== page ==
Adding insult to injury, a new survey by J.D. Power and Associates released findings last week that NFL viewership declined by 8% last regular season. The findings revealed that the majority of fans who chose to watch less football did so because of protests against police brutality by players such as Coliin Kaepernick. NFL ratings will likely continue to decrease if players, reading the tea leaves of current scientific research, choose other forms of employment.

Black Unemployment Shows Modest Improvement in May

By Free Radical

Black unemployment dropped to 7.5% during the month of May.

Black unemployment dropped to 7.5% during the month of May.

According to the Bureau of Labor Statistics, Black unemployment dropped 0.4% in May to 7.5%. This is one of the largest drops in the last year. It had only dipped 0.1% for the months of March and April.

These figures reflect larger employment trends as the total number of jobs added in May was 138,000. The national and White unemployment rates were both reduced last month by 0.1% in May to 4.3% and 3.7% respectively.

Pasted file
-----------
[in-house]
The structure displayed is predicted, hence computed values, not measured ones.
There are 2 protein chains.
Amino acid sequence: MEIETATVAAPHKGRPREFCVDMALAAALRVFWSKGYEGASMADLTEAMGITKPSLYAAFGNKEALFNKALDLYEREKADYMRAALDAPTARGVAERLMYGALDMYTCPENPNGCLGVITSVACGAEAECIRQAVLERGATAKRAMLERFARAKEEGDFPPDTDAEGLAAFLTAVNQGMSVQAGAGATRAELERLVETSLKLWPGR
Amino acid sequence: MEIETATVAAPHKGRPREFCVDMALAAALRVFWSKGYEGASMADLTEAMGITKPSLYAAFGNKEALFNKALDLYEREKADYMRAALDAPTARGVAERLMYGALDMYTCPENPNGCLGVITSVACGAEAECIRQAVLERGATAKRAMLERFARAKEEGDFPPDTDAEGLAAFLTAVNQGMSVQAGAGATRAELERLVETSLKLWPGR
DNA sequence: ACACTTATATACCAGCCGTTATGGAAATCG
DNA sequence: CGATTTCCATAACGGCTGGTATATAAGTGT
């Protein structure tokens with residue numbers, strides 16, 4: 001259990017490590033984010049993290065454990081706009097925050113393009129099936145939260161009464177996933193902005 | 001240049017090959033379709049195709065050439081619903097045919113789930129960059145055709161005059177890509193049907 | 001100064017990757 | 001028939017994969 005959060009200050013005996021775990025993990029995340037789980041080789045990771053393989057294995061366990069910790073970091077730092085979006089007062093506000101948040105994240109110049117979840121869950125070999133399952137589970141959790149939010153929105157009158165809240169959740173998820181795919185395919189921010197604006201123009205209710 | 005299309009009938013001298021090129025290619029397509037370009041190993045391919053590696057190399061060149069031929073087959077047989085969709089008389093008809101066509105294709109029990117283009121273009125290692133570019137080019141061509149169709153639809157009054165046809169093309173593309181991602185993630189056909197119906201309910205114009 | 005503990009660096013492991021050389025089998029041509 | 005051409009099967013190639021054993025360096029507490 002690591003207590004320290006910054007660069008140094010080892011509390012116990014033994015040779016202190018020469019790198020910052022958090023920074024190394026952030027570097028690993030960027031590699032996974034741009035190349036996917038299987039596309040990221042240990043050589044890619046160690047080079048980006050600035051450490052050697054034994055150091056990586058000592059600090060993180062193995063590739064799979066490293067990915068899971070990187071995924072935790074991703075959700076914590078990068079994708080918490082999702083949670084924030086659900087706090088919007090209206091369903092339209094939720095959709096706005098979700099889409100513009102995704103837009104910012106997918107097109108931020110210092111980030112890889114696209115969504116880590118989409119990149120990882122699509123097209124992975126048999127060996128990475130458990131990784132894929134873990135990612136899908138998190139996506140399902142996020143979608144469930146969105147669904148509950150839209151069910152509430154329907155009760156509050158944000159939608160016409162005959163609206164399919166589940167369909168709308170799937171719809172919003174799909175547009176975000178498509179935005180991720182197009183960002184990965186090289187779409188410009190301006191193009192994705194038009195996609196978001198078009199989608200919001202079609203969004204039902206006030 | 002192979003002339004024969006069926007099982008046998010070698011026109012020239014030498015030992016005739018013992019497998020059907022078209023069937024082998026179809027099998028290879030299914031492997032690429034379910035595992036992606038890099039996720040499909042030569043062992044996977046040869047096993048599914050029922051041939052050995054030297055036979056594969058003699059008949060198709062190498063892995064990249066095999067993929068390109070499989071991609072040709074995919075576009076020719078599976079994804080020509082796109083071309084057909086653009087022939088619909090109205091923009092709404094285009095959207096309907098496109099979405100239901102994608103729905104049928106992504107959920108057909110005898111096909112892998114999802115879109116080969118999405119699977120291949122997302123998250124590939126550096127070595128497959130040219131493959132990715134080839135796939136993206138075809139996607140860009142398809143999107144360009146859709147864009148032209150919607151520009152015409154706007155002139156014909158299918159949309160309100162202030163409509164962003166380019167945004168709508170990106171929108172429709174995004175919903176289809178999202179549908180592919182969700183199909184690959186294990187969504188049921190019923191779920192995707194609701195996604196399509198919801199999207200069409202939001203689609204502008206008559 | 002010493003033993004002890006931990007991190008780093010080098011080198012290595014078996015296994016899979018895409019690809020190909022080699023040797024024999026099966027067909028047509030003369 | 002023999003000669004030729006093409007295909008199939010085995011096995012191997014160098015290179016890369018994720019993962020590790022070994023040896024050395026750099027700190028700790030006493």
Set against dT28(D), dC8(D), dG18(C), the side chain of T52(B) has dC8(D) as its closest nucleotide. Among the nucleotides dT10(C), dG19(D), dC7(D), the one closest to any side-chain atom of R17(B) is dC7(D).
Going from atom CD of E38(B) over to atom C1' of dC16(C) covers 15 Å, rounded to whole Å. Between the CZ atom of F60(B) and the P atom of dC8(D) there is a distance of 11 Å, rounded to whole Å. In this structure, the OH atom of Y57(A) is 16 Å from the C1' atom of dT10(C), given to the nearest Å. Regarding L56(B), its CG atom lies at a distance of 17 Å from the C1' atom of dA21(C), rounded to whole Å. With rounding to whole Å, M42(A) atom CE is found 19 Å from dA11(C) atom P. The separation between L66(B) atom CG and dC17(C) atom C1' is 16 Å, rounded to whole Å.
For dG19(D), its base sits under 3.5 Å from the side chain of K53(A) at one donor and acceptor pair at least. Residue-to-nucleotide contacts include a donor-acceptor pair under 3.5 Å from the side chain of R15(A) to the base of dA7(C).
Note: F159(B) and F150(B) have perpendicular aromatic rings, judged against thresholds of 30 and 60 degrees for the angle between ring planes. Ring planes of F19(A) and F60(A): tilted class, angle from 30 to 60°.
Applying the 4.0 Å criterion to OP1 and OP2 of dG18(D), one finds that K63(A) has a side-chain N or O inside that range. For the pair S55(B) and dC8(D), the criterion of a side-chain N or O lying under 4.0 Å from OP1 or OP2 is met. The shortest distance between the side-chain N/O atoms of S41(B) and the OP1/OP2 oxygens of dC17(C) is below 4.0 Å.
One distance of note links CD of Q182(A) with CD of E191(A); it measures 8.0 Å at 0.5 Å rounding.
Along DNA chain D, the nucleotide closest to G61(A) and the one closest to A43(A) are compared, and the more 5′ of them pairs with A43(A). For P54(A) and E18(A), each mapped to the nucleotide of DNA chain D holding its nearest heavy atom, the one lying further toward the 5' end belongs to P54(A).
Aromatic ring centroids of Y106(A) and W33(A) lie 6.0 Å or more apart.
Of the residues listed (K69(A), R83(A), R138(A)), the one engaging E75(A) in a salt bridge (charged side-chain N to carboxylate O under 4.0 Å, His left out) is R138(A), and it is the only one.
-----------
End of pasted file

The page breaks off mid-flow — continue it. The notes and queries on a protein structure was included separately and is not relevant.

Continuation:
Along with unemployment, underemployment, also dropped. In May, it dipped from 8.6% to 8.4%. Underemployed tracks individuals who would like to work full-time but are

New Study: Black Women’s Status Exposes American Dream as Myth

By Free Radical

Despite increases in educational attainment and entrepreneurship, Black women still lag behind other groups in key socioeconomic statistical areas.

Despite increases in educational attainment and entrepreneurship, Black women still lag behind other groups in key socioeconomic statistical areas.

On average, Black women are doing the right thing. And by right, they are doing all of the things that most economists, sociologists, political scientists, etc. say one must do to become successful in the country. Nonetheless, they have not been rewarded for the strides they have made according to the new study, “The Status of Black Women in the United States” conducted by the Institute for Women’s Policy Research, a nonprofit organization affiliated with George Washington University. The findings were published by the National Domestic Workers Alliance.

The report shows that though 6 in 10 Black women are in the workforce, between 2004 and 2014 Black women working full-time jobs had median annual earnings that were 64.6% of White men.

Though the number of Black women owned businesses rose 178% between 2002 and 2012 (the largest among all racial groups), Black women had